Rather than attaching data plans to a single device, mobile operators need to develop new data offerings to match the boom in multiple device ownership, such as iPads and other cellular devices.
Multi-device data rate plans will be a key driving factor in the expansion of data revenue for mobile operators, claims Gartner Research.
It estimates that data revenues will double by 2015. In the US alone it will go from $81.4bn to $151.6bn in just 3 years time.
"Historically, communications service providers have strictly been focused on individual data plans. Now the U.S. data plan market is set to begin its first real transformation, with data plans poised to evolve from plans tied to an individual device to plans that share a specified amount of data between multiple devices," said Gartner’s Hugues de la Vergne.
Lowering churn, that is customers leaving the network versus those joining, is a critical problem for operators who are struggling to differentiate. They mostly compete on price alone, with wafer thin operating margins.
The key is to make sure devices remain connected to operators’ networks, and not on alternatives, such as wi-fi, as customers will demand 24/7 access to their data – no matter where they are geographically.
"With personal cloud services moving to the forefront in 2012, cellular connectivity will be more important, as end users will want to be able to access their content at all times as opposed to just when they are in Wi-Fi areas," Mr. de la Vergne said.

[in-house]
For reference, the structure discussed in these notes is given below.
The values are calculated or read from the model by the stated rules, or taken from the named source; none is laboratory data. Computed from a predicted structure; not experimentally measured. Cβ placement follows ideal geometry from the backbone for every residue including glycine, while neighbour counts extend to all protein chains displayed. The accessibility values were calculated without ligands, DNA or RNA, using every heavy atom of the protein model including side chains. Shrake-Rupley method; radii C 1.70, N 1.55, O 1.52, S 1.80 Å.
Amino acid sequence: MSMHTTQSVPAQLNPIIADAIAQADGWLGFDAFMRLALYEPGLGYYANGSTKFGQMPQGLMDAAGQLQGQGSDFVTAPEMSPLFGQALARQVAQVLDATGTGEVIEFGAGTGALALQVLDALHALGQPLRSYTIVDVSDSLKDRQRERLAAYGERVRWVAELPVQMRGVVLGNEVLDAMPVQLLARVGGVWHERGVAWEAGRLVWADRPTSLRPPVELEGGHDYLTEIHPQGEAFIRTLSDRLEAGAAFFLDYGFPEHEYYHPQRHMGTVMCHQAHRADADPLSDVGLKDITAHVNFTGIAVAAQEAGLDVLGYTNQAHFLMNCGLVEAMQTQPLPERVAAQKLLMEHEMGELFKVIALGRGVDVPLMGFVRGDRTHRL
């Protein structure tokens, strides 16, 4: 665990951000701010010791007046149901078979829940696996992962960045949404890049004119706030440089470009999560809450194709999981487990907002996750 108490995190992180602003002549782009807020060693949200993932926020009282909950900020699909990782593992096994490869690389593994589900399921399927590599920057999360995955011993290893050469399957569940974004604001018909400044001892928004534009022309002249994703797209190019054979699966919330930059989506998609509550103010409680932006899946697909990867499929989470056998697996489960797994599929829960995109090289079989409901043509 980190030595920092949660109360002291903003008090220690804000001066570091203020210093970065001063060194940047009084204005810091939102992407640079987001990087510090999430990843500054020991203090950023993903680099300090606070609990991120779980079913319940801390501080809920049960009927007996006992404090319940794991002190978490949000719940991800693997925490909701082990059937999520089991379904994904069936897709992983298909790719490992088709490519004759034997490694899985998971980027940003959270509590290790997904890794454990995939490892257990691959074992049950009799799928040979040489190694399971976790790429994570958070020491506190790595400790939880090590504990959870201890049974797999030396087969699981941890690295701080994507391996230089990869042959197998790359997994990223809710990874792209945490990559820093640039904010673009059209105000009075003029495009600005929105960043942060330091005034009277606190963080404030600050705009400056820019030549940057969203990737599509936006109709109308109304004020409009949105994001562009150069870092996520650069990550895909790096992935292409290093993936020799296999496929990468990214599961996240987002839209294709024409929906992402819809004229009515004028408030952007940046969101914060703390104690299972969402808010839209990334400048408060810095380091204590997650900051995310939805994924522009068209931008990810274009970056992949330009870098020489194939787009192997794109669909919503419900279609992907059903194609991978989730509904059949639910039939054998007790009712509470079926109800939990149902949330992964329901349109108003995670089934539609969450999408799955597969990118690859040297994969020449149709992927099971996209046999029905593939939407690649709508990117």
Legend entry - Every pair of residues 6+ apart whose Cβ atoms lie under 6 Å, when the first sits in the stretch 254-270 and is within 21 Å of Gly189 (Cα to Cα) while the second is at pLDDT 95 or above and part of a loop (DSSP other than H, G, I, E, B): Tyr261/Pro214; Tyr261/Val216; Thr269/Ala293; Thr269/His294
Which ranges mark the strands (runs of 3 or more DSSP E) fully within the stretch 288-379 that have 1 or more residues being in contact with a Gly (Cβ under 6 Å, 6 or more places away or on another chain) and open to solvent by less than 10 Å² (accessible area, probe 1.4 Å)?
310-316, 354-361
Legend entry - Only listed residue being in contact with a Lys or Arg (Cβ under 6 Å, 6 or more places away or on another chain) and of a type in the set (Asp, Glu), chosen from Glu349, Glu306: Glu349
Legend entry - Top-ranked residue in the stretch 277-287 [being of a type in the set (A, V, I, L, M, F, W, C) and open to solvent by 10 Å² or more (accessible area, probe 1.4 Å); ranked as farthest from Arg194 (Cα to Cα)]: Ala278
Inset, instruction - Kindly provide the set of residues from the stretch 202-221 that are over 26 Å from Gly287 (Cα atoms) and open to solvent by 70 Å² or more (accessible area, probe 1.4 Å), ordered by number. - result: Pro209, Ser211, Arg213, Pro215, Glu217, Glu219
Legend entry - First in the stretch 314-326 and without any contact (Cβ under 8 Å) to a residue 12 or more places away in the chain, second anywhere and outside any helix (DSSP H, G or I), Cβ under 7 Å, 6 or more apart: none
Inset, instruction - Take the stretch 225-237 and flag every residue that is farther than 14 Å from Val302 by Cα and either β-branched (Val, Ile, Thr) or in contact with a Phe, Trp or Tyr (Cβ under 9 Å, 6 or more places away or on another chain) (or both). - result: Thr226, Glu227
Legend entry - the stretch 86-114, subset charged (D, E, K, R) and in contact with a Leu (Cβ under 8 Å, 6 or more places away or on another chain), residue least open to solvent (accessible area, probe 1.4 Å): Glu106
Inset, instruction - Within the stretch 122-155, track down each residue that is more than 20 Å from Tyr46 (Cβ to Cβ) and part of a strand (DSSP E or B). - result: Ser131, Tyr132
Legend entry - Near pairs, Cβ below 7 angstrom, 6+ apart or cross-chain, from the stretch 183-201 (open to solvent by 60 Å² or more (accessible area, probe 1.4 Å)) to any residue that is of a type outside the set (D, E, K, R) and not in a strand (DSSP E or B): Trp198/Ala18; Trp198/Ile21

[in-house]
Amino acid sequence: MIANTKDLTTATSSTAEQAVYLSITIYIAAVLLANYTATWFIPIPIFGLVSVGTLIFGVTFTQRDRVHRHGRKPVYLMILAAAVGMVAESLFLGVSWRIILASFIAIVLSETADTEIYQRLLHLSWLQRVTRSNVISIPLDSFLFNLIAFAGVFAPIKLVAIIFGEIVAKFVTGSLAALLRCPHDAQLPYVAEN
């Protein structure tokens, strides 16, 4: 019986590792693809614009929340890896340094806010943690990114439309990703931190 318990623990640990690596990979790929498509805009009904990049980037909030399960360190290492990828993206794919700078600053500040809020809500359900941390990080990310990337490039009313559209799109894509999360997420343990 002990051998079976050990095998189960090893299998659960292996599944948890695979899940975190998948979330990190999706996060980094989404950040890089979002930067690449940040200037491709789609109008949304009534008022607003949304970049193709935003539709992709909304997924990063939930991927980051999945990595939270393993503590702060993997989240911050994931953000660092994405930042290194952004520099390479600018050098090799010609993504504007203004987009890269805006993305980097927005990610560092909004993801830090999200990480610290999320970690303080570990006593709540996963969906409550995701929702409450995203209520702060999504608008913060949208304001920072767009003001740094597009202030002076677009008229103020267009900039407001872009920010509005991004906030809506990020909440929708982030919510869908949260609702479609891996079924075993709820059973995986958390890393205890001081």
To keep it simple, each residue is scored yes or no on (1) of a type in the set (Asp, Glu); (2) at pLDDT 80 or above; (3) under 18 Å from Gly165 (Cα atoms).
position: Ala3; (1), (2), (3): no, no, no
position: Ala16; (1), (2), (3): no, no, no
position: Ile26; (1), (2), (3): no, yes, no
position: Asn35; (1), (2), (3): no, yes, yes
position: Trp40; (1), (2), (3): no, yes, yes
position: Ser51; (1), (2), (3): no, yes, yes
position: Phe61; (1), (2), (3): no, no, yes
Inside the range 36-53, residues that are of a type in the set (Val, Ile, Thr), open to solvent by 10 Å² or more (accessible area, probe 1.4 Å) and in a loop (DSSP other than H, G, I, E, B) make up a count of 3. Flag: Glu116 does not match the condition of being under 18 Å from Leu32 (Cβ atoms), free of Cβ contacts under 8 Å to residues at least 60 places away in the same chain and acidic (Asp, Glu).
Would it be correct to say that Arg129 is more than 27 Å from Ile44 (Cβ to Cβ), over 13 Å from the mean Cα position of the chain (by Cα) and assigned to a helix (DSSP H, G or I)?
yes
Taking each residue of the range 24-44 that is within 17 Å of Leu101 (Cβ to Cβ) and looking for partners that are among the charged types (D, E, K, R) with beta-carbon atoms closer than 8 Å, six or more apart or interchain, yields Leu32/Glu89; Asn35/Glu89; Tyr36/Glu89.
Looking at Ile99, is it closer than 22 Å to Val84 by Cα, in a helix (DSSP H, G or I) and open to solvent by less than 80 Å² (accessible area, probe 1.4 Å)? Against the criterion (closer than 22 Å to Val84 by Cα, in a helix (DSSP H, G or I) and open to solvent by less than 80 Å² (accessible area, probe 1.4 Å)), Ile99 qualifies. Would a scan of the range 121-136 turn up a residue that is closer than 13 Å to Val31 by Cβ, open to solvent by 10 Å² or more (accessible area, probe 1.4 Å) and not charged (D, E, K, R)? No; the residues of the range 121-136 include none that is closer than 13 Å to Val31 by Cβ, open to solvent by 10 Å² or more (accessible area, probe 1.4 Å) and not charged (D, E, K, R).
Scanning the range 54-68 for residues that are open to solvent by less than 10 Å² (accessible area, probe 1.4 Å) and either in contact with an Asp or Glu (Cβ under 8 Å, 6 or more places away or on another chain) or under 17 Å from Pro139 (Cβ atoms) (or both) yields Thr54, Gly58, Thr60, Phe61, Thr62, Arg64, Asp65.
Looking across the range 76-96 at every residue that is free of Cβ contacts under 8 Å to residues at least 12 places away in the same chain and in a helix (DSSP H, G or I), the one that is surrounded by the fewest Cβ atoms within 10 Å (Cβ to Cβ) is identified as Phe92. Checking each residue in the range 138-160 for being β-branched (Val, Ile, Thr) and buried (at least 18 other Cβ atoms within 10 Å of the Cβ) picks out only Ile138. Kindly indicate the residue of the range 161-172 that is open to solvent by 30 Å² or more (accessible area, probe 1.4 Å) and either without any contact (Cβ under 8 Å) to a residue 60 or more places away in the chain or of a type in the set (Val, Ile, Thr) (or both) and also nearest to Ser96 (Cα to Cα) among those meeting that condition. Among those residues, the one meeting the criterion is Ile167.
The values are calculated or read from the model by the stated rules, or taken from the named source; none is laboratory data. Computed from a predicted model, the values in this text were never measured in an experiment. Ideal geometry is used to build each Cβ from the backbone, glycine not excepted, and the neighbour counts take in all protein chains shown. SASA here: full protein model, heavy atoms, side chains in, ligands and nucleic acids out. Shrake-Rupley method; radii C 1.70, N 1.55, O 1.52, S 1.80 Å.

"Data revenue is expected to expand to become 65 percent of total U.S. wireless service revenue as voice declines to 35 percent in 2106. Driving the explosion of mobile data will be the increase in demand for mobile video content, which will drive sales of larger-screen devices, such as media tablets."
The launch of multi-device data plans will also be a driver for the increase in sales of mobile network enabled devices in general, including smartphones, which Gartner estimates will sell 311.7 million units in 2016.
Device vendors are increasingly concerned by the threat of commoditization – that is, being reduced to a utility provider, similar to an electricity company or water supplier. This kind of innovation in billing practices and bundling can help ease the high level of competition in the market.
Bergne believes that by having multiple mobile devices, with different replacement cycles means that the end user is less likely to churn away, as opposed to a subscriber with just a mobile phone.